In January, Mr. Sánchez, the Spanish prime minister, was the first foreign leader to visit Mexico after Mr. López Obrador took office. Among his gestures of friendship was a gift to the new Mexican president: the birth certificate of one José Obrador, born in 1893 in the Spanish region of Cantabria.
In 1917, the Spaniard did what generations of Spaniards had done before him. He went to seek his fortune in Mexico. A century later that immigrant’s grandson, Andrés Manuel López Obrador, was elected president.B:
排列三开奖结果直播【作】【为】【土】【行】【宗】【仅】【有】【的】【金】【丹】【宗】【师】，【康】【胖】【子】【虽】【然】【名】【气】【不】【大】，【一】【身】【本】【领】【却】【也】【有】【其】【独】【到】【之】【处】。 【尤】【其】【是】【一】【门】【土】【遁】【之】【术】，【堪】【称】【神】【出】【鬼】【没】、【入】【地】【无】【踪】，【遁】【速】【也】【是】【惊】【人】。 【若】【非】【是】【因】【为】【一】【时】【大】【意】，【怕】【也】【不】【会】【命】【丧】【孙】【恒】【之】【手】。 【至】【于】【天】【璇】【神】【砂】【的】【操】【控】【之】【法】，【自】【然】【也】【刻】【在】【他】【的】【记】【忆】【里】。 【此】【物】【乃】【是】【以】【一】【种】【天】【外】【奇】【珍】，【经】【由】【土】【行】【宗】【秘】【法】【历】
【看】【到】【罗】【森】【娘】【就】【将】【踏】【上】100【阶】【的】【台】【阶】【上】【面】，【千】【叶】【不】【由】【自】【主】【的】【就】【走】【前】【了】【一】【步】！ 【呛】【啷】！ 【无】【情】【剑】【的】【长】【剑】【微】【微】【晃】【悠】【了】【一】【下】，【发】【出】【了】【一】【声】【低】【吟】。 “【在】【这】【里】【呆】【着】！” 【无】【情】【剑】【看】【过】【来】【的】【眼】【神】【只】【有】【冰】【冷】【与】【杀】【气】！ 【千】【叶】【知】【道】【自】【己】【若】【是】【坚】【持】【上】【前】，【这】【厮】【必】【然】【会】【直】【接】【将】【自】【己】【大】【卸】【八】【块】【的】。 【他】【点】【点】【头】，【然】【后】【听】【话】【的】【站】【住】【了】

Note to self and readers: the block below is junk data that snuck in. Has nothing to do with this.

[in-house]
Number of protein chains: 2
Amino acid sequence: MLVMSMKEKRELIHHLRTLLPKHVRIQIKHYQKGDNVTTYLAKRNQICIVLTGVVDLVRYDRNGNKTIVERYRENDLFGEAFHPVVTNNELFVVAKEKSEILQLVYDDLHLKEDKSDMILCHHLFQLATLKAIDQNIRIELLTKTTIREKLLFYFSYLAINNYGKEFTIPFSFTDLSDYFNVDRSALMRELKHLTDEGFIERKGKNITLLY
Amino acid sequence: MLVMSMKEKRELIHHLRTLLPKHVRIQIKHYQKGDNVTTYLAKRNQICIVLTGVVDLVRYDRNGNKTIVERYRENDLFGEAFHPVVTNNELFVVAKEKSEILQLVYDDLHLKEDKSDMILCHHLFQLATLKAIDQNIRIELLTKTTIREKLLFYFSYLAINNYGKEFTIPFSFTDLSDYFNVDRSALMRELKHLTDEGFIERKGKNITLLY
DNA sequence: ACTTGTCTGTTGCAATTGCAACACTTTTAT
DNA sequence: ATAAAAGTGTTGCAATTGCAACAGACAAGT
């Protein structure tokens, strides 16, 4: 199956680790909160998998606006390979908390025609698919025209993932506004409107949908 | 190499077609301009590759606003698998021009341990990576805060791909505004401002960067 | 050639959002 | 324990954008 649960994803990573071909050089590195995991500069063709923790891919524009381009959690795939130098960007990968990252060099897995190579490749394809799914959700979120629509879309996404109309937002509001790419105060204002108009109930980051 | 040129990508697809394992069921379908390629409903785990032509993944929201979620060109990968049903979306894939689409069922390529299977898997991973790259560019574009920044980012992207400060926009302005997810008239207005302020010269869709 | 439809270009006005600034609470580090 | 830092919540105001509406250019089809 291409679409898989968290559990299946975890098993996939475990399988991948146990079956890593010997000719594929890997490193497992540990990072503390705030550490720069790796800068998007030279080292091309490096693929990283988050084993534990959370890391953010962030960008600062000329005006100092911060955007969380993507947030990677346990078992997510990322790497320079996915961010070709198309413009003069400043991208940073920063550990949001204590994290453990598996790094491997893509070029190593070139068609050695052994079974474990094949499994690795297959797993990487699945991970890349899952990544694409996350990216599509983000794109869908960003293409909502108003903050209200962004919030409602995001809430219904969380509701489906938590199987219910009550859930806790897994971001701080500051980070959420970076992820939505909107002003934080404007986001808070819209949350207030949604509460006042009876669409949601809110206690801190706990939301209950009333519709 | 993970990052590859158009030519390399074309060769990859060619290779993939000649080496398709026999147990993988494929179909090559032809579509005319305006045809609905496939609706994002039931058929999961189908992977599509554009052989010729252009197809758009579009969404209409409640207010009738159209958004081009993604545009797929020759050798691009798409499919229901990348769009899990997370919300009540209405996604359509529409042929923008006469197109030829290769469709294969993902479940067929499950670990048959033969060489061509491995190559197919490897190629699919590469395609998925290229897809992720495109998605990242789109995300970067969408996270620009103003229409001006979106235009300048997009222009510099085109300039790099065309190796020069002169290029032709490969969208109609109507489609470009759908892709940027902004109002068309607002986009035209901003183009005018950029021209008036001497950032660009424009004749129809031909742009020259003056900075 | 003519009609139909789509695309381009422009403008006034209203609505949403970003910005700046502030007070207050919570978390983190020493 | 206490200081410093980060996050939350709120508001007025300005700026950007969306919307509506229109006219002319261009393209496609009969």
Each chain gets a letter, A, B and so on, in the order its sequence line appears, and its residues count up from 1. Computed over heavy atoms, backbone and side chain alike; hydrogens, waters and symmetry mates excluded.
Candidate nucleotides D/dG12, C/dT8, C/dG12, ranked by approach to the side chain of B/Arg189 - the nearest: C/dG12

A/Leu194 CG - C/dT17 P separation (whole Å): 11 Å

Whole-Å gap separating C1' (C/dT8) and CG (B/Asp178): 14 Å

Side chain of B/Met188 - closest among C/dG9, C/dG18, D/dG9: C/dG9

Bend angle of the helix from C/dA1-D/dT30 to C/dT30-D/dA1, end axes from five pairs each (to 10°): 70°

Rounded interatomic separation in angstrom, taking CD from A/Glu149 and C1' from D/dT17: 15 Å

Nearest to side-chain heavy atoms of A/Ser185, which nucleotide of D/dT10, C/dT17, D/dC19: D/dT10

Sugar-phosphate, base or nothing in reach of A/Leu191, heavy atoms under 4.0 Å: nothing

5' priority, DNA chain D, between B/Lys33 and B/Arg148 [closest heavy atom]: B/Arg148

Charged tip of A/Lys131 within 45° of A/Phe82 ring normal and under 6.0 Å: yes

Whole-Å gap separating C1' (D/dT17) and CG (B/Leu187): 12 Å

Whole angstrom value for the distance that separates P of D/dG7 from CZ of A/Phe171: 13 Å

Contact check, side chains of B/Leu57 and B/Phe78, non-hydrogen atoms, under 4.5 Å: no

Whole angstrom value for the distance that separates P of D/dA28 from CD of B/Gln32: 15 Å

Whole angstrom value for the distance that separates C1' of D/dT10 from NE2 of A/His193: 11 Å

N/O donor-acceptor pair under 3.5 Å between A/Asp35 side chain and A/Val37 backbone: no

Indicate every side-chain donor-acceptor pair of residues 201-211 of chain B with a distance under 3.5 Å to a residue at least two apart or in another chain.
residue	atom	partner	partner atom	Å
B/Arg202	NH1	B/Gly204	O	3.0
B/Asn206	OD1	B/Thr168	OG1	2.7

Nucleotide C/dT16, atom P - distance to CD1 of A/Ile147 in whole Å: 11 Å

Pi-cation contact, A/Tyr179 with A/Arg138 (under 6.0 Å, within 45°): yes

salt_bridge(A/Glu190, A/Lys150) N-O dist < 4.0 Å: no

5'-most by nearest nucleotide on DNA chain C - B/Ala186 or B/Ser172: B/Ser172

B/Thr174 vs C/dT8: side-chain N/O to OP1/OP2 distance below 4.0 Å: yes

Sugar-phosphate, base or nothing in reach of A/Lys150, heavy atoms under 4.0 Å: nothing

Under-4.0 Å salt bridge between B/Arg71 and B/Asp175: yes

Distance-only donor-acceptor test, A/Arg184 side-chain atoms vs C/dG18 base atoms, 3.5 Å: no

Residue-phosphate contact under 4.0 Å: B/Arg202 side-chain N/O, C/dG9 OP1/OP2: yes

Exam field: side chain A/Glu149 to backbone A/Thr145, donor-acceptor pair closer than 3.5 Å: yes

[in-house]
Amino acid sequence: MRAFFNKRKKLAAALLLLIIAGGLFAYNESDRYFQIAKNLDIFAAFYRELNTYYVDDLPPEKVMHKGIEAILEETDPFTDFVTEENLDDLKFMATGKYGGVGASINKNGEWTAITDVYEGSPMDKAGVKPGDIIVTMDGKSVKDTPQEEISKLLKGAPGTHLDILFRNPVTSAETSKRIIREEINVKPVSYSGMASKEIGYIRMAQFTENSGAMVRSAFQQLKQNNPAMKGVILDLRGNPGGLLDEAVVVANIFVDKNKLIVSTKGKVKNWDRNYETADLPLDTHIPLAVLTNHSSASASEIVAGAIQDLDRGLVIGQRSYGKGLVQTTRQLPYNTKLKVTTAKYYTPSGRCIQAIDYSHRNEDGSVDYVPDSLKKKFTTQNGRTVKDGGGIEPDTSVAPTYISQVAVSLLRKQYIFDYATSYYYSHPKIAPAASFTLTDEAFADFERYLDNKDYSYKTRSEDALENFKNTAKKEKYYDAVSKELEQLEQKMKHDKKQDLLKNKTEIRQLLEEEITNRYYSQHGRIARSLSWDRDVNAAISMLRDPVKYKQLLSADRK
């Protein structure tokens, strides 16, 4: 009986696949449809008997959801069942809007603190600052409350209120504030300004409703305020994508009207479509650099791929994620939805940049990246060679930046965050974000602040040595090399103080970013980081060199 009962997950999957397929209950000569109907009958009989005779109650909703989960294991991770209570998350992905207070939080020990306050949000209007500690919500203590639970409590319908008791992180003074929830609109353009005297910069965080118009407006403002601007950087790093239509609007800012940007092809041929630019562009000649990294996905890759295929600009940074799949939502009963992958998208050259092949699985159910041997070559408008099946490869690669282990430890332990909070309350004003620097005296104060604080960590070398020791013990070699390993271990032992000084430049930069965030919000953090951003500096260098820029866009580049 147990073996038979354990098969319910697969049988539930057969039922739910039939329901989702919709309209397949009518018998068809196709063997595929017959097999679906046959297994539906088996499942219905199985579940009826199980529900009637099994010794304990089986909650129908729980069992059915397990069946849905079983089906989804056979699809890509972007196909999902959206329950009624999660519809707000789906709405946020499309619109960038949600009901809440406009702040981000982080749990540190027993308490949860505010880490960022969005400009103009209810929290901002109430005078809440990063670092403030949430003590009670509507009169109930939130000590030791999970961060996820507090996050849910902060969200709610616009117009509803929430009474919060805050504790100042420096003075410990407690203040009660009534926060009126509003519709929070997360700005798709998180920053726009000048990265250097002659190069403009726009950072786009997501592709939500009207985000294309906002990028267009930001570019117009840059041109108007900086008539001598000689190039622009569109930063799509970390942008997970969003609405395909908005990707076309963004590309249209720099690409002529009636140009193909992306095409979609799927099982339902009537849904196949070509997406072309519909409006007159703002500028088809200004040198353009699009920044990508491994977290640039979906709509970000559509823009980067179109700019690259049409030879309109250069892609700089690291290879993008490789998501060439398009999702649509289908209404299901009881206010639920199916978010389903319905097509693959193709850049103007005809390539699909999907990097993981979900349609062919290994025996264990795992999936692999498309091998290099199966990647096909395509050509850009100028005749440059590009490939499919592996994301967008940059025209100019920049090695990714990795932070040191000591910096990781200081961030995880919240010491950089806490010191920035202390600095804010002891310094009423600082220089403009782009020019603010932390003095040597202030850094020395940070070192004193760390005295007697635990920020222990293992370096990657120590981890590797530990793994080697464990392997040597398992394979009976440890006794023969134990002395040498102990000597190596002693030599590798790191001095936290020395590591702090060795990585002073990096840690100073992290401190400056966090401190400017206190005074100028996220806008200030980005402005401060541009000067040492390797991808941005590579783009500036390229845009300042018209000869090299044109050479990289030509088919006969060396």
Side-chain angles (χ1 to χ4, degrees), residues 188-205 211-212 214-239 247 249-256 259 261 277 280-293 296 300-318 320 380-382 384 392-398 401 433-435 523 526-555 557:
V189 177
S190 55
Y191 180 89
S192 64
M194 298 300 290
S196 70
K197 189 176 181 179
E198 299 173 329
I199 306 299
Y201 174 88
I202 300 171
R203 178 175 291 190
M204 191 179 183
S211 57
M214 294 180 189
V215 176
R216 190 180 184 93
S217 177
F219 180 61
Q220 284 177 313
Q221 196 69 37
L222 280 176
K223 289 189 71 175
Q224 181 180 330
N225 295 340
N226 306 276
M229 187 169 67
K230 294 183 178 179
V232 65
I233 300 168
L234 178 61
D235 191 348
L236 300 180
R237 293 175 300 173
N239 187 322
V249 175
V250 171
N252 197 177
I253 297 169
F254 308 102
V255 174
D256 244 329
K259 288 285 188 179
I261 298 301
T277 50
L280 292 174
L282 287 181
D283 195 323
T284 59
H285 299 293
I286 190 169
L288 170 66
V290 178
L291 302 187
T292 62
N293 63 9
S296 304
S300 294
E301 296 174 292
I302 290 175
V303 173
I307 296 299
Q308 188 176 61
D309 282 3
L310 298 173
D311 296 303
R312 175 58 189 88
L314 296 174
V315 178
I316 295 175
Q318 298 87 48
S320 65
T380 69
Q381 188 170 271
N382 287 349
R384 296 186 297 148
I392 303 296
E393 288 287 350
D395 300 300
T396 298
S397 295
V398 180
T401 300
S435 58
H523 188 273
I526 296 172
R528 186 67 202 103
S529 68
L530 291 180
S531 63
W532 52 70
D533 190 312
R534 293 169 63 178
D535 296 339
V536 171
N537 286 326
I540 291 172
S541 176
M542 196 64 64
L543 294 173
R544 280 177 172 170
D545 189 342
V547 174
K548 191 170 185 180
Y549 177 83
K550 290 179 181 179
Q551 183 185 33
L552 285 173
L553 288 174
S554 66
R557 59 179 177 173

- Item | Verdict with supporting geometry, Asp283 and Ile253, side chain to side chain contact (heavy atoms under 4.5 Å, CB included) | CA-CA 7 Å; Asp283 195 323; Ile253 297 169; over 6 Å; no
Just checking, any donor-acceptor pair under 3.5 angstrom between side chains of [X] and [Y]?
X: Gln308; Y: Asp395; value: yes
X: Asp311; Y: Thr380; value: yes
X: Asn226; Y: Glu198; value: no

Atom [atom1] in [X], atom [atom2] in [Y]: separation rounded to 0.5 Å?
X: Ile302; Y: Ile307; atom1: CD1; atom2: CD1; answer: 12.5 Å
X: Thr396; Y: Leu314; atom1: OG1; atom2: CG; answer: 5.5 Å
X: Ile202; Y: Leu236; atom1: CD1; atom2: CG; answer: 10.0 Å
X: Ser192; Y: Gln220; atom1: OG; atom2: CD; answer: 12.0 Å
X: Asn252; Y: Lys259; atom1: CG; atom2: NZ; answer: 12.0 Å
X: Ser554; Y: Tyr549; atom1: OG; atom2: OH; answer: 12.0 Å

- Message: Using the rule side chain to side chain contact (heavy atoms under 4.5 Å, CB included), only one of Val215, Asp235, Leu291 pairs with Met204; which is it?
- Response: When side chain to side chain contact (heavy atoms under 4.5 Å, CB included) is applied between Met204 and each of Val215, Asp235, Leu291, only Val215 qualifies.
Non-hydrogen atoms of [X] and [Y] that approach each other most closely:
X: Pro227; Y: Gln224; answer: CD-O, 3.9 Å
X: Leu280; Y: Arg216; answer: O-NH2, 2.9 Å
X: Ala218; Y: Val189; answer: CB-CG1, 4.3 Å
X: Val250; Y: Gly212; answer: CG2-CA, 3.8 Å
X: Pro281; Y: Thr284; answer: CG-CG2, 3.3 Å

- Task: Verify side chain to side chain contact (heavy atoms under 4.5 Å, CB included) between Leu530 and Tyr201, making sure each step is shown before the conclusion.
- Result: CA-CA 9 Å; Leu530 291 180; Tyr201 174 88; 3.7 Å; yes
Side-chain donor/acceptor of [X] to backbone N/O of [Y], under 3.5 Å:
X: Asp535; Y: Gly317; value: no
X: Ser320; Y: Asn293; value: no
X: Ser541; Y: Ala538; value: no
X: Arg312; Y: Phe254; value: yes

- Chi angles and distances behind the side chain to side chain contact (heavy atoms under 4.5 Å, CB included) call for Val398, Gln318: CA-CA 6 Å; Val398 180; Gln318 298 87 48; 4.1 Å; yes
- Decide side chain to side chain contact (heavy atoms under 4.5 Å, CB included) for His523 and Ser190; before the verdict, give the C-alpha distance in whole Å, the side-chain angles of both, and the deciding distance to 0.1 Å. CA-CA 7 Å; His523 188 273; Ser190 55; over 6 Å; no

【正】【在】【这】【个】【时】【候】，【浅】【九】【突】【然】【看】【见】【了】【一】【扇】【打】【开】【的】【门】，【门】【里】【有】【很】【多】【人】【出】【来】，【也】【有】【很】【多】【在】【门】【外】【的】【人】【进】【去】，【因】【为】【身】【高】，【浅】【九】【看】【不】【到】【门】【的】【上】【面】【写】【着】【什】【么】，【但】【是】【结】【合】【自】【己】【所】【看】【到】【的】【和】【自】【己】【以】【前】【所】【经】【历】【的】，【这】【不】【就】【是】【电】【梯】【吗】？ 【浅】【九】【顿】【时】【一】【阵】【欣】【喜】，【有】【救】【了】！【这】【电】【梯】【来】【的】【真】【是】【时】【候】！ 【心】【里】【这】【么】【想】，【浅】【九】【连】【忙】【跑】【了】【过】【去】，【随】【着】【高】【高】【大】【大】排列三开奖结果直播【这】【个】【公】【国】【偏】【远】【小】【镇】【的】【冬】【夜】【格】【外】【得】【明】【朗】。 【抬】【头】【就】【能】【看】【见】【漫】【天】【的】【繁】【星】【清】【晰】【地】【在】【头】【顶】【闪】【耀】，【似】【乎】【伸】【手】【就】【能】【碰】【到】。 【有】【三】【个】【人】【影】【摇】【摇】【晃】【晃】【地】【走】【在】【起】【伏】【的】【山】【坡】【上】，【看】【他】【们】【的】【方】【向】【正】【是】【前】【往】【此】【刻】【灯】【火】【通】【明】【的】【小】【镇】。 【这】【三】【人】【自】【然】【就】【是】【安】【娜】、【巴】【斯】【特】【的】【和】【卡】【洛】【琳】。 【安】【娜】【走】【在】【前】【头】，【她】【后】【面】【紧】【紧】【跟】【着】【的】【是】【巴】【斯】【特】，【原】【本】【这】【小】【家】
【顾】【总】【早】【就】【在】【大】【家】【玩】【得】【高】【兴】【的】【时】【候】【离】【开】【了】，【一】【般】【在】【这】【种】【聚】【会】【里】【面】，【如】【果】【老】【板】【全】【程】【参】【与】【的】【话】，【会】【让】【同】【事】【们】【拘】【束】【放】【不】【开】，【而】【且】【也】【有】【损】【自】【己】【在】【公】【司】【中】【的】【威】【严】。 【所】【以】【顾】【总】【便】【离】【开】【了】，【但】【是】【席】【城】【却】【不】【能】【走】，【他】【深】【知】【自】【己】【的】【处】【境】【和】【地】【位】，【他】【不】【得】【不】【举】【起】【杯】【子】【准】【备】【将】【里】【面】【的】【酒】【灌】【进】【去】，【尽】【管】【胃】【里】【已】【经】【非】【常】【的】【不】【舒】【服】【了】。 【这】【时】【候】【在】【一】
【鎏】【金】【螳】【螂】【与】【血】【蝙】【蝠】【之】【间】【的】【形】【势】【相】【互】【转】【变】。 【鎏】【金】【螳】【螂】【变】【为】【躲】【闪】【的】【一】【方】，【而】【血】【蝙】【蝠】【则】【在】【疯】【狂】【进】【攻】。 【将】【对】【将】，【王】【对】【王】。 【但】【两】【人】【的】【另】【外】【两】【只】【御】【兽】【却】【非】【如】【此】。 【两】【人】【另】【外】【的】【两】【只】【御】【兽】【并】【没】【有】【各】【自】【为】【战】，【而】【是】【两】【只】【两】【只】【的】【相】【互】【配】【合】【在】【了】【一】【起】，【相】【互】【攻】【伐】【偷】【袭】。 【使】【得】【四】【只】【御】【兽】【可】【以】【说】【是】【牢】【牢】【的】【纠】【缠】【在】【了】【一】【起】。 【引】
【慕】【容】【嫣】【没】【想】【到】，【叶】【云】【竟】【然】【能】【够】【当】【场】【找】【出】【她】【所】【有】【的】【案】【例】。 【而】【且】【每】【一】【个】【项】【目】，【都】【那】【么】【详】【细】。 【就】【算】【让】【专】【门】【的】【秘】【书】【来】【干】【这】【事】，【也】【没】【有】【这】【么】【快】【呀】！ 【毕】【竟】，【她】【还】【没】【想】【到】，【需】【要】【靠】【自】【己】【的】【这】【些】【案】【例】，【才】【能】【够】【说】【服】【欧】【文】【他】【们】。 【叶】【云】【看】【到】【小】【妮】【子】【眸】【子】【里】【的】【惊】【喜】【和】【讶】【然】，【不】【由】【得】【笑】【了】【笑】，【贴】【在】【她】【耳】【边】【说】【道】： “【我】【怕】【这】【里】【有】